Hundreds of people are expected to descend on the Ruapeka tomorrow as musicians take to the stage to celebrate Te Wiki o te Reo Maori.
The Aronui Maori Market is happening at Ohinemutu on Sunday and features Harmonic Resonators, Daniel & Ashley, and Rotorua’s own Native Nations.
During the day, which runs from 12pm to 4pm, there will also be performances by Ngati Whakaue kapa haka, national secondary schools’ kapa haka champions Raukura, and Toi Ohomai Institute of Technology music students.
It is the first time a live concert and indigenous arts market has taken place on the Ruapeka, and festival director, Cian Elyse White, says locals will not want to miss out on the historic occasion.
“We’re thrilled to be able to host such an amazing event on an area so enriched in culture. The stunning backdrop of Te Rotorua-nui-a-Kahumatamomoe and Mokoia Island really sets the scene for a captivating and inviting atmosphere,” says Cian.
“Securing such awesome acts for our first ever event has been a real coup for us, while our stallholders who’ll tempt the crowds with a range of indigenous arts, crafts, clothing, kai and information will add to the charm of our fun, whanau-friendly festival.”
Harmonic Resonators are playing hot on the heels of a sold-out Tauranga show, and lead singer, Jeremy Hantler, encourages people to come down and listen to some wicked tunes.
“The last time we came to Rotorua it was wicked. Heaps of people came out so we’re super excited to play at a family-friendly event in the weekend,” says Jeremy.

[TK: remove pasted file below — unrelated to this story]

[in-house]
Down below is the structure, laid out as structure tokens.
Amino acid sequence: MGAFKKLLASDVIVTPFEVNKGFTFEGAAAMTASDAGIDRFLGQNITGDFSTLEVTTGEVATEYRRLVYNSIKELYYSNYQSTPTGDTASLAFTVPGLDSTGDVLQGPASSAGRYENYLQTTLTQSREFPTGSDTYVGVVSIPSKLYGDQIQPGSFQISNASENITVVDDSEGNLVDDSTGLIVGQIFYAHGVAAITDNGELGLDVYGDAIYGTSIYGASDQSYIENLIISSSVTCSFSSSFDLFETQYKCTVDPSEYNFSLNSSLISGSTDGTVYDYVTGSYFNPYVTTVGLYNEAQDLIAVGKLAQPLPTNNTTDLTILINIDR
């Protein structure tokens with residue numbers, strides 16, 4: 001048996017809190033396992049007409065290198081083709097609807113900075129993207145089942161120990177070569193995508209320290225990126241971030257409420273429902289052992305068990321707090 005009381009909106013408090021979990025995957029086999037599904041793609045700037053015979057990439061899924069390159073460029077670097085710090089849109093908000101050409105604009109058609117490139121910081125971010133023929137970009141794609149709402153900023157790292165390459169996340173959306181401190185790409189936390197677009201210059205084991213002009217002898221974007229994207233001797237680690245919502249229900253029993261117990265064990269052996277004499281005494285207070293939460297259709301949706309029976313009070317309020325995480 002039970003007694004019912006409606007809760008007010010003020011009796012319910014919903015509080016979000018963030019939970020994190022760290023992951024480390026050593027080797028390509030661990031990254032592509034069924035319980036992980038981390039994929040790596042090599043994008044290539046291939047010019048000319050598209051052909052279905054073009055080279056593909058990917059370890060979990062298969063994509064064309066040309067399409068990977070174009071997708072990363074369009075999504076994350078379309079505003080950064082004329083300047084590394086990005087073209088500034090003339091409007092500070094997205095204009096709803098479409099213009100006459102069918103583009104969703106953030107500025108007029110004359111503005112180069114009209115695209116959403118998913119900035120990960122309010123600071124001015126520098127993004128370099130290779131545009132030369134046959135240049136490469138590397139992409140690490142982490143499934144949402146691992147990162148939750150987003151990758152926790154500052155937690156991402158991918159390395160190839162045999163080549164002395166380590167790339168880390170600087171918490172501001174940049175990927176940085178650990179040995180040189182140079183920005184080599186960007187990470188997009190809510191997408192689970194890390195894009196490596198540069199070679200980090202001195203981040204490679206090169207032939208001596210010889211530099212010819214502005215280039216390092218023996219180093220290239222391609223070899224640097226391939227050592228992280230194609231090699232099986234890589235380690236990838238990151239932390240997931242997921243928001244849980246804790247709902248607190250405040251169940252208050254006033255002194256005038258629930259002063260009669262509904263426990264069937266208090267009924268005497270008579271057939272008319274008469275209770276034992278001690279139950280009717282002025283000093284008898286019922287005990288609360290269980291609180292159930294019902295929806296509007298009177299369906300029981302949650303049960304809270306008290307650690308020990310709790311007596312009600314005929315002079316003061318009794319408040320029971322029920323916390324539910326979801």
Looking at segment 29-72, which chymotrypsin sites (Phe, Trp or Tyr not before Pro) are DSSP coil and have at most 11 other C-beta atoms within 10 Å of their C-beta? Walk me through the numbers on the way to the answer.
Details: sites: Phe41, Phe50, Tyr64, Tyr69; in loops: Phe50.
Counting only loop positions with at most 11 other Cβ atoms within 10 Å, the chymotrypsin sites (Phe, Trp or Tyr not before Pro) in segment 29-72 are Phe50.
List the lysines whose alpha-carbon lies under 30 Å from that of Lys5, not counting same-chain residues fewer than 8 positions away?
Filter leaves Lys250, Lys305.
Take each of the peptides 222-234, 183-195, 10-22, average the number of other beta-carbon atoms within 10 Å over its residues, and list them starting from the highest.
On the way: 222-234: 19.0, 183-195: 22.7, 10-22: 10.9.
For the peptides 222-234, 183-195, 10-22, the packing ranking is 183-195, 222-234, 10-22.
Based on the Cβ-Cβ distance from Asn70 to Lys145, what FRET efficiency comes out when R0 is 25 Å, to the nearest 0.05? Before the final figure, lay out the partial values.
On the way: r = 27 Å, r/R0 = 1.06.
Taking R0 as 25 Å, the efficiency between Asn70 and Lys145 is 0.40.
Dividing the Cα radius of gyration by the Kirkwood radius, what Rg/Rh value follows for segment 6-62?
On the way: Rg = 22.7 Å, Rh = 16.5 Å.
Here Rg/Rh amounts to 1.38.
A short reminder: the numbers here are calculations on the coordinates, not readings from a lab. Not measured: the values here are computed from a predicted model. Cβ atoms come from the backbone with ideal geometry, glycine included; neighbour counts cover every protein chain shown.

“It’s cool to play somewhere where people can come without having to buy tickets and sing along and do the actions. We’re going to play all our bangers and heaps of te reo Maori songs.”
As part of the festival, Toi Ohomai is hosting a korero section at Tunohopu Marae, opposite the Ruapeka, which will include speakers and picture screenings.
Toi Ohomai tutor, Rangitiaria Tibble, says they are proud to support the event.
“This event offers us an opportunity to engage with iwi, rangatahi and hapori to provide our students with experience and exposure in their chosen field of study, as well as contributing to vibrant bilingual environments as we celebrate Te Wiki o te Reo Maori.
“We’re excited to bring a range of kaikorero together to compliment the puoro, toi and pakihi Maori, kai and whakawhanaungatanga aspects of the day. We strongly support the flourishing of te reo and the arts in Rotorua and our wider rohe.”
Te Komiro o te Utuhina is inviting people to join in the planting of native trees along the Ruapeka from 10.30am, before the market kicks-off at midday.
Tunohopu Street will be closed from 10am to 5pm and marketgoers are encouraged to park at the Rotorua Lakefront.
The Aronui Maori Market is happening at Ohinemutu on Sunday September 15 September from 12pm to 4pm.